Could it be that people don't like it?
Of companies surveyed by the Society for Human Resource Management, 65 per cent said they plan to hold an end-of-the-year gathering for their employees, down from 72 per cent in 2012. In 1998, 83 per cent of those surveyed threw parties. This year's participation rate is not as low as recession levels: in 2009, only 61 per cent of employers were planning soirees.
But, unlike in 2009, companies aren't opting out for financial reasons. This year, only 6 per cent of respondents cited budget constraints as a reason for cutting the party, down from 20 per cent in 2009, at the height of financial crisis austerity.
"Maybe they realized that nobody seems to be missing these," said Evren Esen, director of survey programs at the human resources group. Maybe companies that originally zeroed out the festivities as a cost-cutting measure sensed that few were moping around because they wouldn't get a chance to drink with their co-workers and bosses.
Employees have too much going on this time of year, said Cathy Coughlin, director of HR at Old Line Bank, of Bowie, Maryland, which has given up after about a decade of partying. It’s hard to find a central location for such a big gathering after work, Coughlin said, and "we didn't want to do something on the weekend that people felt obligated to attend and it would be an additional burden for employees during an already busy season."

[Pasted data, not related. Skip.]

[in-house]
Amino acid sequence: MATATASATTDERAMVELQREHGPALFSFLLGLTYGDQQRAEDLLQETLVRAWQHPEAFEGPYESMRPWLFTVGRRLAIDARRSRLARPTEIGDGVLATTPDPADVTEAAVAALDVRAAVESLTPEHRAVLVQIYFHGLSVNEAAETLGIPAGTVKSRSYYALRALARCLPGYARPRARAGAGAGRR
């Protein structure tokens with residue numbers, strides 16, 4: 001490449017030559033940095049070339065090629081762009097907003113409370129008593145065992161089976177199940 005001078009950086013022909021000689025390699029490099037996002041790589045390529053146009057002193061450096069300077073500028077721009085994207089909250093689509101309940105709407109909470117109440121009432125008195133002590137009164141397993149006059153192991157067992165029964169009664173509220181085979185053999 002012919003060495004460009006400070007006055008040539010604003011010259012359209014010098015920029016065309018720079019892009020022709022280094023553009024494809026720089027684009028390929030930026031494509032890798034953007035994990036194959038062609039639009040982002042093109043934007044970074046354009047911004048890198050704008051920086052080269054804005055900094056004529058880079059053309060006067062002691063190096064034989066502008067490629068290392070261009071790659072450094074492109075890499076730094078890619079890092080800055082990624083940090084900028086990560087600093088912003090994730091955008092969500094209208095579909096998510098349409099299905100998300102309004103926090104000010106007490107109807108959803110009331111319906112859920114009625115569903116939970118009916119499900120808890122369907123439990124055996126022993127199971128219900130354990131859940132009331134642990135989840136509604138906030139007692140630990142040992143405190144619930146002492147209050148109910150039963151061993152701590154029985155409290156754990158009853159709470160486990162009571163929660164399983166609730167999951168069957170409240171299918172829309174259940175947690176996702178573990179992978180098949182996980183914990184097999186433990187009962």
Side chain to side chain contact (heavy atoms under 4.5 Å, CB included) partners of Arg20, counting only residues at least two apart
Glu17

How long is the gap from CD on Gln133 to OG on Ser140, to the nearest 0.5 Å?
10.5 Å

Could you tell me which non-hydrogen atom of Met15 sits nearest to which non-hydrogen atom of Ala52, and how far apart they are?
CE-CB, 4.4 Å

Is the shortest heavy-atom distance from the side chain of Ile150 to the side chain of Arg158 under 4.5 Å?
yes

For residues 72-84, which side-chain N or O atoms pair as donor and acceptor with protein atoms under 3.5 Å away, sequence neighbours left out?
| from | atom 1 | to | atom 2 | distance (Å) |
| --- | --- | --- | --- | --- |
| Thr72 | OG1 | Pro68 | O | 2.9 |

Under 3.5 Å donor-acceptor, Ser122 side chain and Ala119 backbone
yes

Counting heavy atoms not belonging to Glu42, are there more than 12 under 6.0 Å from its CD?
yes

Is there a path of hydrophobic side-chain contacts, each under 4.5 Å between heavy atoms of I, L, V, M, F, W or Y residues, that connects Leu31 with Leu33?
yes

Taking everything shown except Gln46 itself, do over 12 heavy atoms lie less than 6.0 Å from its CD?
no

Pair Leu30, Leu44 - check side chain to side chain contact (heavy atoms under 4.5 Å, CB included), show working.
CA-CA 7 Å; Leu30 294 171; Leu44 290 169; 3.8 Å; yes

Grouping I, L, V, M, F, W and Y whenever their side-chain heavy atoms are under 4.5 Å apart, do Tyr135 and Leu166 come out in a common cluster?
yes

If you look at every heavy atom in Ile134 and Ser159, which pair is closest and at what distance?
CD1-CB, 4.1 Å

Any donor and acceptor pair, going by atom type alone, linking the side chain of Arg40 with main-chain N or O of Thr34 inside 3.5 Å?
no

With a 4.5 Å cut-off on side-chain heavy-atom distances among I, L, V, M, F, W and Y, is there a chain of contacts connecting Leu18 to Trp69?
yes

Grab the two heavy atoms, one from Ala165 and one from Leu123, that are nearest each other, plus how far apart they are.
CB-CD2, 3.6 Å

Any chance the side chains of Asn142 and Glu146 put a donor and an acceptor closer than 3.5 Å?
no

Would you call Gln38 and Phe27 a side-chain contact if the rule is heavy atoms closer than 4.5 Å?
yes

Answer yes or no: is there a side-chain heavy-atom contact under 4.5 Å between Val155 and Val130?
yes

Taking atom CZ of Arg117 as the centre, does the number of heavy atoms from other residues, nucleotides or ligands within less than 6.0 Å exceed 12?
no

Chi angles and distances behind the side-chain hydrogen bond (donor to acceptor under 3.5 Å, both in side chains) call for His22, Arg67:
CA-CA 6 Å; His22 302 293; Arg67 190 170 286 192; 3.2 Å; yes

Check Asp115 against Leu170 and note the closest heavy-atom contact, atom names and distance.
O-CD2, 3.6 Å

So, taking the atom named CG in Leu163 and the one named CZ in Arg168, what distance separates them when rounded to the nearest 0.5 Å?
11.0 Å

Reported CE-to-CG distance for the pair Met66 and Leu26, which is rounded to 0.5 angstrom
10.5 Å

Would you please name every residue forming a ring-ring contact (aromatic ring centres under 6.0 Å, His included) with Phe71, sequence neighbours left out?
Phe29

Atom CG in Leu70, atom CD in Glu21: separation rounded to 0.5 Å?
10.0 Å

It would be bad enough if the holiday party were just a tolerable duty. But it can be aggressively annoying and occasionally disastrous.
"I hope the actual explanation is 'because they're the worst,' " one colleague told me when I mentioned the survey results. Fast Company rounded up a healthy list of embarrassing stories. Inc. had to offer advice for creating "Office Holiday Parties Your Employees Want to Attend." The combination of co- workers and alcohol often encourages unfortunate antics and can result in wounded feelings, tattered reputations, and even HR action in the New Year.
(Bloomberg) The economy is recovering, companies are spending more on benefits, employee satisfaction and retention are being monitored. And the holiday party is declining.